When I arrived at Fort Drum, New York for what would be my last duty assignment, the first job I was assigned to was to serve as a platoon sergeant. I had 41 soldiers. In that frigid, cold Upstate New York area, my leadership joked that half the base was suicidal and the other half were alcoholics.
In that first year of being a platoon sergeant, I had major participation in separating 11 of those service members from the military for severe behavior issues. Five of those separated went to prison for offenses such as loaded guns in their barracks rooms, car thefts, and armed robbery. Because Fort Drum didn’t have a jail, I had to keep those bad apples in my platoon until their court martial was finished and they were shipped off to a military prison. As someone who went in to serve as a tank and truck mechanic, being a cop without a weapon wasn’t what I signed up for.
All of these soldiers headed to prison were minorities. Most of them were black. It was revealed during the court martial hearings that some of them had prior felony convictions. Some had been involved in street gangs. The recruiters put them in to make their numbers. My squad leaders and I were serving in a rear support unit, we weren’t trained to be military police officers. Nor were we armed in garrison. But yet we were expected to deal with these hardcore criminals until they went to prison. It was scary stuff. To this day, I’ve got serious trauma from it.
The morning of my first ever leadership job in the military while assigned to a maintenance unit in Germany a black soldier threatened to kick my ass and pound me to a pulp if I ever told him to clean the barracks again. The same thing happened in a unit at Fort Hood during barracks cleaning. At that same Fort Hood unit, soon after getting my staff sergeant stripes, another black soldier threatened me with an axe. He got away with it by claiming he was joking.
I gave orders, some of them quite unpleasant, to thousands of white soldiers during my military career. I don’t recall any of them them ever threatening me with violence for doing so.
As the weeks passed at Fort Drum waiting for the court martial hearings to take place two of my squad leaders began to have mental break downs. They were literally crying in my office from the mental stress and from the fear of dealing with these bad guys.
One evening, during one of those counseling sessions. Which were comprised of reading the written statements that I’d written about them, to them, before asking them to sign, one of the black soldiers who’d been caught with a loaded gun in his room during a health and welfare inspection made a point of telling me that “he was really starting to hate white people.”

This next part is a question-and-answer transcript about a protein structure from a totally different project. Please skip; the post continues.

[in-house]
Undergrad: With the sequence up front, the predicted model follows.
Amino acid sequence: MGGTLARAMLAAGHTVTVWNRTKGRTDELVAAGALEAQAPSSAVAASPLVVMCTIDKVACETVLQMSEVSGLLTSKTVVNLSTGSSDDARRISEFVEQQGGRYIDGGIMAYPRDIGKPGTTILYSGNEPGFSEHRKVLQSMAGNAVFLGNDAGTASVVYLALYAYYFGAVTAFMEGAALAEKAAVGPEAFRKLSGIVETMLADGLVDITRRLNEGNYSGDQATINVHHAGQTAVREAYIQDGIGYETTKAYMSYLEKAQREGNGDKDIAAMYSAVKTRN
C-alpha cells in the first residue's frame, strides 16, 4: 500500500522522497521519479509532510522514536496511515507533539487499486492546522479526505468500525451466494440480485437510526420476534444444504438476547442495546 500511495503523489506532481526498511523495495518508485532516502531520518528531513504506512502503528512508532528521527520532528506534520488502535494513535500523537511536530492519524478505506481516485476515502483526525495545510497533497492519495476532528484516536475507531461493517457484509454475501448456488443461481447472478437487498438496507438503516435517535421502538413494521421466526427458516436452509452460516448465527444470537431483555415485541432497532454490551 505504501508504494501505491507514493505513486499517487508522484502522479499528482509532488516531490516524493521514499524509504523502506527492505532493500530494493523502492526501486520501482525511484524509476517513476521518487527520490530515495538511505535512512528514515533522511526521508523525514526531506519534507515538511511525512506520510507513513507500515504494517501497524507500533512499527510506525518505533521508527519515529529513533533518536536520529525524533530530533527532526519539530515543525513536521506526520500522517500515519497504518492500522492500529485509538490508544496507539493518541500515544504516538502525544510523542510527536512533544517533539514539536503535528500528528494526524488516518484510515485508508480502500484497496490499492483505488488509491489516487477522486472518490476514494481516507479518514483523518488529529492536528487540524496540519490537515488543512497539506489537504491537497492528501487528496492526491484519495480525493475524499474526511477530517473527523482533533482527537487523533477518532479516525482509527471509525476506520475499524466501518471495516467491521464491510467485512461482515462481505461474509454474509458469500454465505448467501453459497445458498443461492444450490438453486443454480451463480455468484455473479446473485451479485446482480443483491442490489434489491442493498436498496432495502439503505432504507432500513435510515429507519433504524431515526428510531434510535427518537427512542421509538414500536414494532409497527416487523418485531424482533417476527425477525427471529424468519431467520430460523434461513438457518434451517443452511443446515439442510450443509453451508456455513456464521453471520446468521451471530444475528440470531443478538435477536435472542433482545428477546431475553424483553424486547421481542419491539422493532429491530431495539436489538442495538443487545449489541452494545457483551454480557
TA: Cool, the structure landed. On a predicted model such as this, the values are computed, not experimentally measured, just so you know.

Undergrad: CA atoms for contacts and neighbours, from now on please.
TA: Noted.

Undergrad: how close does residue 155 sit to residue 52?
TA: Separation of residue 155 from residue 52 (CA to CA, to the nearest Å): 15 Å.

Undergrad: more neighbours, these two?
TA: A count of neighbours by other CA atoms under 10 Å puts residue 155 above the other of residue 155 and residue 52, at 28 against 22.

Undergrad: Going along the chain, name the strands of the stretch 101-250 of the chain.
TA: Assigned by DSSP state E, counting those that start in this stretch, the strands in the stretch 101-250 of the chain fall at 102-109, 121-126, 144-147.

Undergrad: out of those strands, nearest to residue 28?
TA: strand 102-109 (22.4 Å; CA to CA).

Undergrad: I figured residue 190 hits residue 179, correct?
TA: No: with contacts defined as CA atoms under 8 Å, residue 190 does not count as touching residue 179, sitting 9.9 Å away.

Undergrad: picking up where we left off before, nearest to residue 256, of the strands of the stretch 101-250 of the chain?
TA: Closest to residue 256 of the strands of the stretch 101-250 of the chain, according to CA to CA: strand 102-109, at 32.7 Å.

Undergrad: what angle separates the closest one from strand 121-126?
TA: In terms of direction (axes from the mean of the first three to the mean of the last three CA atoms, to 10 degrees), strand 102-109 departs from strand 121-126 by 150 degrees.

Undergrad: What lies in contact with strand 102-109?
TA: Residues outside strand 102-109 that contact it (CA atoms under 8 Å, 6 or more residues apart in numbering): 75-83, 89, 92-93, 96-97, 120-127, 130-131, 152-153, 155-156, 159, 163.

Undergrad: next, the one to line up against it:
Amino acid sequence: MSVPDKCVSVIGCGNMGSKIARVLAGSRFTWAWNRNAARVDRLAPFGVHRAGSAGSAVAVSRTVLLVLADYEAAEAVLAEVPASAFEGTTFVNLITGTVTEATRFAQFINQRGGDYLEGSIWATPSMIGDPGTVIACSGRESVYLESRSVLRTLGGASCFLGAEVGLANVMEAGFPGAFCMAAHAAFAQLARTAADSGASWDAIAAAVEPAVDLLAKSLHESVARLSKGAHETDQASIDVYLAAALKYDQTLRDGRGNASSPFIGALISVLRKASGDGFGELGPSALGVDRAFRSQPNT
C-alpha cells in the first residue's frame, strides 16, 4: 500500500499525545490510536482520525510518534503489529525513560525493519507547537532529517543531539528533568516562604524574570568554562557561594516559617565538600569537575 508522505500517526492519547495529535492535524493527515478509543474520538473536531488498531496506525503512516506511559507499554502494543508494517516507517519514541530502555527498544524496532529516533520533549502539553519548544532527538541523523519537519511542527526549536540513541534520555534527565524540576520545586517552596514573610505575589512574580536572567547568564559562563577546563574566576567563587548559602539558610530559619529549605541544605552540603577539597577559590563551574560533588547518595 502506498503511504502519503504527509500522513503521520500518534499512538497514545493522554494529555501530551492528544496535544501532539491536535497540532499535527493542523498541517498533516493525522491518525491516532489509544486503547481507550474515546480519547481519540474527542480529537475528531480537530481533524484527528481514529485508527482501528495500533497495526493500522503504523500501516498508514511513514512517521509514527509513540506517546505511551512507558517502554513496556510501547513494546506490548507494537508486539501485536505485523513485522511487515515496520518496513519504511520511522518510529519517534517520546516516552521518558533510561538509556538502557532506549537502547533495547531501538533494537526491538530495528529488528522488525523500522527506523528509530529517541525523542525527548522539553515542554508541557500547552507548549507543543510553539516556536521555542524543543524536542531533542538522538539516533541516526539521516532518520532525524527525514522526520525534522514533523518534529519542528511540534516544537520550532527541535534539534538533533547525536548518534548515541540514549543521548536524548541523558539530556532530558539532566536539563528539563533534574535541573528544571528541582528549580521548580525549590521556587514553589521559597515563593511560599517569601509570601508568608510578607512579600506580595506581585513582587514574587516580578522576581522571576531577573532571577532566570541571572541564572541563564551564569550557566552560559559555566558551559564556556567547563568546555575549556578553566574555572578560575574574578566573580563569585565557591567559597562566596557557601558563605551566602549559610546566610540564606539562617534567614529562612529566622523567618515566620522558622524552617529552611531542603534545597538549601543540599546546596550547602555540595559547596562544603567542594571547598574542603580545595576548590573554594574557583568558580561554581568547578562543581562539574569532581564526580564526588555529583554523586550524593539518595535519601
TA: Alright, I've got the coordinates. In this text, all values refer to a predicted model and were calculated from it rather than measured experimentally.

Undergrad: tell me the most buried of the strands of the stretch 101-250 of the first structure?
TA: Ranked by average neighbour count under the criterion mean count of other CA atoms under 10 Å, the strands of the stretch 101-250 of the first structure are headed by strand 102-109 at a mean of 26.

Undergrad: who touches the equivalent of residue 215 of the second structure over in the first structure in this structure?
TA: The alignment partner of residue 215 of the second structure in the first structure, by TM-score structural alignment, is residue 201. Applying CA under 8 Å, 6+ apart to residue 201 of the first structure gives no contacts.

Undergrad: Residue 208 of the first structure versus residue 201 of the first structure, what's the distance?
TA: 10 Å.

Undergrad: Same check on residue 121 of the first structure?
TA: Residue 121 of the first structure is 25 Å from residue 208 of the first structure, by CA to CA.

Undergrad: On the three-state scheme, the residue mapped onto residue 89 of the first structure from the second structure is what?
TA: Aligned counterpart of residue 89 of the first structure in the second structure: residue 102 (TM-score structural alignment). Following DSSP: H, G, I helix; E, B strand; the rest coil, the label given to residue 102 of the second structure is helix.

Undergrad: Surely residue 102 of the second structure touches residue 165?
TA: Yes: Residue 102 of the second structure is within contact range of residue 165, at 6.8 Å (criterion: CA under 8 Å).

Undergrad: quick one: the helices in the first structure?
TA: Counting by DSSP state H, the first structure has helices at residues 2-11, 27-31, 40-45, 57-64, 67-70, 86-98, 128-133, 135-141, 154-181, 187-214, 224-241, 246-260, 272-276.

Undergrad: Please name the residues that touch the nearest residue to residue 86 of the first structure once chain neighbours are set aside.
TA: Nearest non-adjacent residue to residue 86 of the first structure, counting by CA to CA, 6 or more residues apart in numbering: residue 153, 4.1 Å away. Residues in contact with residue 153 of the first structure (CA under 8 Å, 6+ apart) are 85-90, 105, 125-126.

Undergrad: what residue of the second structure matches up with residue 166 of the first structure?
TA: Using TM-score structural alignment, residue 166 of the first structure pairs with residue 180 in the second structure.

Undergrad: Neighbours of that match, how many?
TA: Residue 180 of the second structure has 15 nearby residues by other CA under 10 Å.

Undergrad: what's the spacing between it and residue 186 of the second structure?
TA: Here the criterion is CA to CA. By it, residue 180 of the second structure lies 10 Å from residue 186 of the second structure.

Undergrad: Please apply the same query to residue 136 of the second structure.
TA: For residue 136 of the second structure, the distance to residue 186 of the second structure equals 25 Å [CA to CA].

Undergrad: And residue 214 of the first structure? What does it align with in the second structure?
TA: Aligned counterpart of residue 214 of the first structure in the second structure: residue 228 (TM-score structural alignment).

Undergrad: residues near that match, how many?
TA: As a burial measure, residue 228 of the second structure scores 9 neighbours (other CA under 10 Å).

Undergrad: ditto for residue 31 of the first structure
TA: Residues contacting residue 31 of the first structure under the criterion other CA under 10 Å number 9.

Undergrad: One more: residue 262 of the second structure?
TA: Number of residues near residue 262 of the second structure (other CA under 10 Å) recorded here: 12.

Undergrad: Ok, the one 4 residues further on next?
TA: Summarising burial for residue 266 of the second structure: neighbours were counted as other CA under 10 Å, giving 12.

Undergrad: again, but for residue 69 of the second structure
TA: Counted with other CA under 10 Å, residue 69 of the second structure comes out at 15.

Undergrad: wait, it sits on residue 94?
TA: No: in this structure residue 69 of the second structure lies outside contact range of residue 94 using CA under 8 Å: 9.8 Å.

I responded by filing a formal equal opportunity complaint against him. Although my complaint was investigated by a black NCO from battalion headquarters, he found no instance of racism having had occurred. This NCO instead described it as a “discipline issue.”
The same black soldier who’d told me “he was really starting to hate white people” later wrote a letter during a field exercise addressed specifically to me. In the letter he threatened to kill members of the platoon. I had the vibe that I was one of the people he intended to kill.
Despite supposedly facing around 200 years of criminal charges, the command had sent these gang-bangers who were facing a court martial on the field exercise with their M16s. So throughout the exercise, I was deathly worried whether these minorities that were facing all these criminal charges had any live ammo. I further worried that these criminals were going to slit my throat in my sleep because I was the one who’d initially turned them into the criminal investigative services for their crimes, which led to all the charges. Let’s just say I wasn’t sleeping very well.
After the field exercise and back in garrison, these gang-bangers that had been recruited into the Army were now refusing to even come to work in the maintenance shop because they were heading to prison. They didn’t think things could get any worse for them by adding those charges onto their already long list of crimes. So they started locking their barracks room doors, refused to answer their doors, and just flat out refused to report for duty.
Being the platoon sergeant, at that point, I took over the job of dutifully writing them counseling statements for each infraction. I kept them at the maintenance shop during the day. The command kept them on extra duty at battalion until late hours in the evenings. The gang-bangers response to being on extra duty was to to steal the colonel’s laptop by climbing over a wall and through the suspended ceiling tiles to his office.
Fearing they had guns, and that they would hurt me or others, I told the unit commander that I wasn’t getting these hoodlums out of their rooms any more unless he issued me a handgun from the arms room. The commander responded by calling the military police. The military police showed up with a SWAT Team to remove them. The Army put them in the civilian jail in Lowville, New York to await their court martials.
Years after I’d retired from the military when I began to live as a transgender woman, I was confronted with the grim statistics of violence against trans women like me. I also knew trans women of color were even more likely to face this violence. But through research I discovered a harsh truth that few wish to talk about. Which is most of the violence that occurs against trans women happens in minority communities. It’s literally black on black violence. But it’s not politically correct to say that, despite it being true. So if you stay out of those communities, then your risk of being harmed as a trans woman goes way down. White trans women seem to be well aware of this and act accordingly. That’s part of the reason I moved to Portland, where it’s nicknamed “The Pale Northwest.”
In Portland, I had two incidents of being harassed about my transgender status. Both perpetrators were black males.
So at this point in life, I know a few things about racism, discrimination, and racial based violence because of my lived experiences. L’Oréal did the right thing when it fired transgender model Munroe Bergdorf for calling all white people racist. As for all those social justice warriors that keep lecturing people like me about our perceived white privilege? Well, they can just go screw themselves too.